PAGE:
While the world waits with bated breath for self-driving cars, cargo ship manufacturers are working to put autonomous vessels on the open ocean. And it could be a Norwegian fertilizer company, of all things, that gets the first uncrewed ship out there in the next few years.
Yara International, which transports fertilizer worldwide to aid in food production, plans to launch its first autonomous ship in 2018, according to a report this past weekend in Wall Street Journal announced. The captain-less vessel will also be fully electric, with zero carbon emissions.
The ship Yara Birkeland — not to be confused with Game of Thrones’s favorite Ironborn, Yara Greyjoy — would look something like this:
But the ship, which will reportedly carry 100 shipping containers, comes at a price. At $25 million to manufacture, the Yara Birkeland will be [three times costlier than a traditional vessel of similar size, according to the Wall Street Journal. Still, its manufacturer believes the costlier production will be offset down the road. Using a battery instead of fuel and advanced sensors instead of a crew is supposed to cut the ship’s operating costs by as much as 90 percent.
And that’s important to Yara’s CEO, Svein Tore Holsether. The head of a fertilizer company, Holsether might seem an odd candidate to suddenly enter into the ship-building industry or the technologically complex world of autonomous systems. But Yara, which delivers fertilizer far and wide, is no stranger to large-scale transportation — or the toll it takes on the oceans.
“As a leading global fertilizer company with a mission to feed the world and protect the planet,” Holsether said in a statement in May, “investing in this zero emission vessel to transport our crop nutrition solutions fits our strategy well.” The company estimates the new ships would decrease diesel-powered truck deliveries by 40,000 each year.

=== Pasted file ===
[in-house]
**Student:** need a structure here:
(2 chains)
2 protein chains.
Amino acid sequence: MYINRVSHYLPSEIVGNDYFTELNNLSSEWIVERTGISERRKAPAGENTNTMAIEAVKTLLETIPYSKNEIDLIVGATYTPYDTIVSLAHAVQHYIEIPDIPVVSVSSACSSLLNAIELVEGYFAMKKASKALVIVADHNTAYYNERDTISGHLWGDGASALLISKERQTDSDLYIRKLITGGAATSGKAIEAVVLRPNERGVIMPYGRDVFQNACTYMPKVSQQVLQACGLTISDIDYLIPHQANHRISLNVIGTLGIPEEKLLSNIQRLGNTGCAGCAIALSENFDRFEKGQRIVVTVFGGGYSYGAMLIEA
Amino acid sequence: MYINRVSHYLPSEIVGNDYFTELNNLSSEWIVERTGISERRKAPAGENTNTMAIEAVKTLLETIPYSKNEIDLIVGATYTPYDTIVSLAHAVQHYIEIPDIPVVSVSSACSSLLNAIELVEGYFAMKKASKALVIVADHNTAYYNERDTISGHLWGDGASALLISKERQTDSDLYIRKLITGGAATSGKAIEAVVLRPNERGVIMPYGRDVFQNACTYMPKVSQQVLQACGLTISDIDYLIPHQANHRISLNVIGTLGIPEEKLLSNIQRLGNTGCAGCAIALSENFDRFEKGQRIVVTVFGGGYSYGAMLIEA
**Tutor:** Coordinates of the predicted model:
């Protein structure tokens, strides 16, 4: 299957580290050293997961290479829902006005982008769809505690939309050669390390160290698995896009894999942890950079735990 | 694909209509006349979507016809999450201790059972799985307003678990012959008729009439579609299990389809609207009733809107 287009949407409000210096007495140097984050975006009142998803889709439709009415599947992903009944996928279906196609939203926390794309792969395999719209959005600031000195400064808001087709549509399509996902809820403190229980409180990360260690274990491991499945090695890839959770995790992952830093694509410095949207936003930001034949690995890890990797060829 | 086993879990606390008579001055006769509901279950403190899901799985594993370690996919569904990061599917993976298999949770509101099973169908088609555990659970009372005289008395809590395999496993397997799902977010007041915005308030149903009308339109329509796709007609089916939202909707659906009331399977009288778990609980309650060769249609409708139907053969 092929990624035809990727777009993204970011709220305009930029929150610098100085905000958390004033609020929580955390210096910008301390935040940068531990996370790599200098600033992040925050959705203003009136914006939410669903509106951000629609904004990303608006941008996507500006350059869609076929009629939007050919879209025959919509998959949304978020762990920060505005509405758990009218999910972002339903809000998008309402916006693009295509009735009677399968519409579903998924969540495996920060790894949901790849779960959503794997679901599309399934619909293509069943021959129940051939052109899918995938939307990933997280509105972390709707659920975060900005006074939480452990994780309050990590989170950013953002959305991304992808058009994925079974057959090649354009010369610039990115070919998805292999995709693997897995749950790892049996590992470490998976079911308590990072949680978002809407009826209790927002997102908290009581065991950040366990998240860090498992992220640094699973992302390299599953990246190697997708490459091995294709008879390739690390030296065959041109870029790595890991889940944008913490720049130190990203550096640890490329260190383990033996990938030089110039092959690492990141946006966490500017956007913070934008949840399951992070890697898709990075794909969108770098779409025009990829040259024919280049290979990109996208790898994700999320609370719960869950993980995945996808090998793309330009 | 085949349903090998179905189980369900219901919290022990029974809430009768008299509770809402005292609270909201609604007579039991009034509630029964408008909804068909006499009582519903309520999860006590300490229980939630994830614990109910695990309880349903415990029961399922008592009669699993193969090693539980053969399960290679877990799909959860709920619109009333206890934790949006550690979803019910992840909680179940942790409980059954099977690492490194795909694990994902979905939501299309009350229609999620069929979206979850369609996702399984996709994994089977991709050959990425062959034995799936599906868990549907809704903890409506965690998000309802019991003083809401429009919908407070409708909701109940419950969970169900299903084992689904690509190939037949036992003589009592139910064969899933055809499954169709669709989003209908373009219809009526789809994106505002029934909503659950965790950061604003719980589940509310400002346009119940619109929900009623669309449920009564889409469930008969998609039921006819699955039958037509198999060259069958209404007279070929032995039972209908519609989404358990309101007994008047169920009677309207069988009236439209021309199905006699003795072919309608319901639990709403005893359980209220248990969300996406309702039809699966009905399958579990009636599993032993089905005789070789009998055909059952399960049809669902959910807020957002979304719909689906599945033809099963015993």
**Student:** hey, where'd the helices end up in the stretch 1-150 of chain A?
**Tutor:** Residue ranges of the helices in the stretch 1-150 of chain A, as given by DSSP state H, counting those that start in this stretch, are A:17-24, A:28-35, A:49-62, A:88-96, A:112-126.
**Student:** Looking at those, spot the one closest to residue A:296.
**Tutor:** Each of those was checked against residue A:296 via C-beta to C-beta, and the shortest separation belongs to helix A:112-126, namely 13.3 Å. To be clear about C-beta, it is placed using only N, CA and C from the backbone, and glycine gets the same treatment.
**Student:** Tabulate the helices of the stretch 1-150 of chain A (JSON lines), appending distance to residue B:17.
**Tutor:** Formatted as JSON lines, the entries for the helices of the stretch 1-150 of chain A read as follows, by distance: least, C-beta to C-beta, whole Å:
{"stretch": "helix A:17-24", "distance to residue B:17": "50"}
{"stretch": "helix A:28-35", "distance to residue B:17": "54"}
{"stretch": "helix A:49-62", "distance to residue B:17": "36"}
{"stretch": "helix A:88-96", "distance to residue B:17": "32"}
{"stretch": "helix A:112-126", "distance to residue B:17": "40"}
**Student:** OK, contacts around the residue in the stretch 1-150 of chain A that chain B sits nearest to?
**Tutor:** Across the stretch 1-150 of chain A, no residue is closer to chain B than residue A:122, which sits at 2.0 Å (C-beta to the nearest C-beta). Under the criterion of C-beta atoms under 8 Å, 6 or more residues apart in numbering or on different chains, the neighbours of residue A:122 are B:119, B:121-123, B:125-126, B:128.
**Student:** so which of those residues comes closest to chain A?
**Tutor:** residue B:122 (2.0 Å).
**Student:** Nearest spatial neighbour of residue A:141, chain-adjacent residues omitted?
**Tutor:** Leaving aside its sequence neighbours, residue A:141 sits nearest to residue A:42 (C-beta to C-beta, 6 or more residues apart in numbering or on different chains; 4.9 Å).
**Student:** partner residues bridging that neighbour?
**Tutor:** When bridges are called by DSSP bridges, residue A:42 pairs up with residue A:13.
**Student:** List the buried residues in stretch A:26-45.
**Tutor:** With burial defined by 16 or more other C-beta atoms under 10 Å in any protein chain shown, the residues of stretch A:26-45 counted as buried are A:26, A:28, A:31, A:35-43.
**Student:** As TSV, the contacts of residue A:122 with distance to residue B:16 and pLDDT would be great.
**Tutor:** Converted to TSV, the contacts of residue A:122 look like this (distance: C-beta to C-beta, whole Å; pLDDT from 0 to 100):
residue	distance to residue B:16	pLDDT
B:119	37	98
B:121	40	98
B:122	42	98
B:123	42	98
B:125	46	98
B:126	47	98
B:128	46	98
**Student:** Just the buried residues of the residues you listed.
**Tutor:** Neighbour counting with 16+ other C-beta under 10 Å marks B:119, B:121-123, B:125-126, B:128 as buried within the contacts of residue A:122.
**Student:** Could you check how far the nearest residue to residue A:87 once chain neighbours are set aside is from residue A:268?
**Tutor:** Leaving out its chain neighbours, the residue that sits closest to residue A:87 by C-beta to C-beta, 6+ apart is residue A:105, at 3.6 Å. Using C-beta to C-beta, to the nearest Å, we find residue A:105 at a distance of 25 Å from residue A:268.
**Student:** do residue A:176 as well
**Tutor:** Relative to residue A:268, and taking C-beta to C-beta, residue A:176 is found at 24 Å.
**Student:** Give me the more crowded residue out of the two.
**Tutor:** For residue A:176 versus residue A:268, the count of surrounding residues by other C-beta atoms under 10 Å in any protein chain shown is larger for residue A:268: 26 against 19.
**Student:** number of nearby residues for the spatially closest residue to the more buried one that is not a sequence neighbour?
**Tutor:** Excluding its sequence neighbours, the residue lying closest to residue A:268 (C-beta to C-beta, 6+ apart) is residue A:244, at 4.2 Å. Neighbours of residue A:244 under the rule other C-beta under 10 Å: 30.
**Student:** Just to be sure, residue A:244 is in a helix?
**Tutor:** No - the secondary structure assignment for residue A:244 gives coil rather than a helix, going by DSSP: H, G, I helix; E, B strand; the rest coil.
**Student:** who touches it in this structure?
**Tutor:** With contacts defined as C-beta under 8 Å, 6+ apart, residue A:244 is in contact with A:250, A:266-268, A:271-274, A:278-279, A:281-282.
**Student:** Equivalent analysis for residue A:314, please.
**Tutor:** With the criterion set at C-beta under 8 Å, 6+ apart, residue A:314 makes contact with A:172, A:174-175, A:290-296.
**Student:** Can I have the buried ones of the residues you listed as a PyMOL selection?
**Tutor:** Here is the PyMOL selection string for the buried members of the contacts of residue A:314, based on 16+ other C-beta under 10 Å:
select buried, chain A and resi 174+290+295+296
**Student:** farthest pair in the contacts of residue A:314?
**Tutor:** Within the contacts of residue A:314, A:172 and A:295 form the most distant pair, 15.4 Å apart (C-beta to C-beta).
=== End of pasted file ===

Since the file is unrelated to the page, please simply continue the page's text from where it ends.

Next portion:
Right now, the plan will unfold like a lot of other autonomous vehicle projects. The ship should set sail with a test crew in late 2018. During this time it will train its GPS, radar, cameras, and other tools that will allow the ship to move to full autonomy. In 2019, the ship will enter an intermediary stage where it’s operated remotely, like a water-bound drone. By 2020, it should be fully autonomous.
While the ambitious deadline sets Yara far ahead of the fleet, competition is coming. In 2016, Rolls-Royce released a video with some Hollywood-level production that show its vision of a remote station monitoring hundreds of autonomous vessels around the world. In this future imagined by Rolls Royce, operators would send surveillance drones to Sweden, check holograms for diagnostics of ships in Zambia, and command the global cargo shipping system through voice recognition technology.
In an effort to make good on its plans, Rolls Royce debuted a remote-controlled ship, like the kind Yara hopes to realize by 2019. The Rolls Royce boat carried out a number of maneuvers off the shore of Copenhagen, Denmark in accordance with instructions delivered from it’s builder’s headquarters. But unlike Yara Birkeland, which will supposedly set sail in 2020, Rolls Royce estimated it wouldn’t be making fully-autonomous waves until 2035.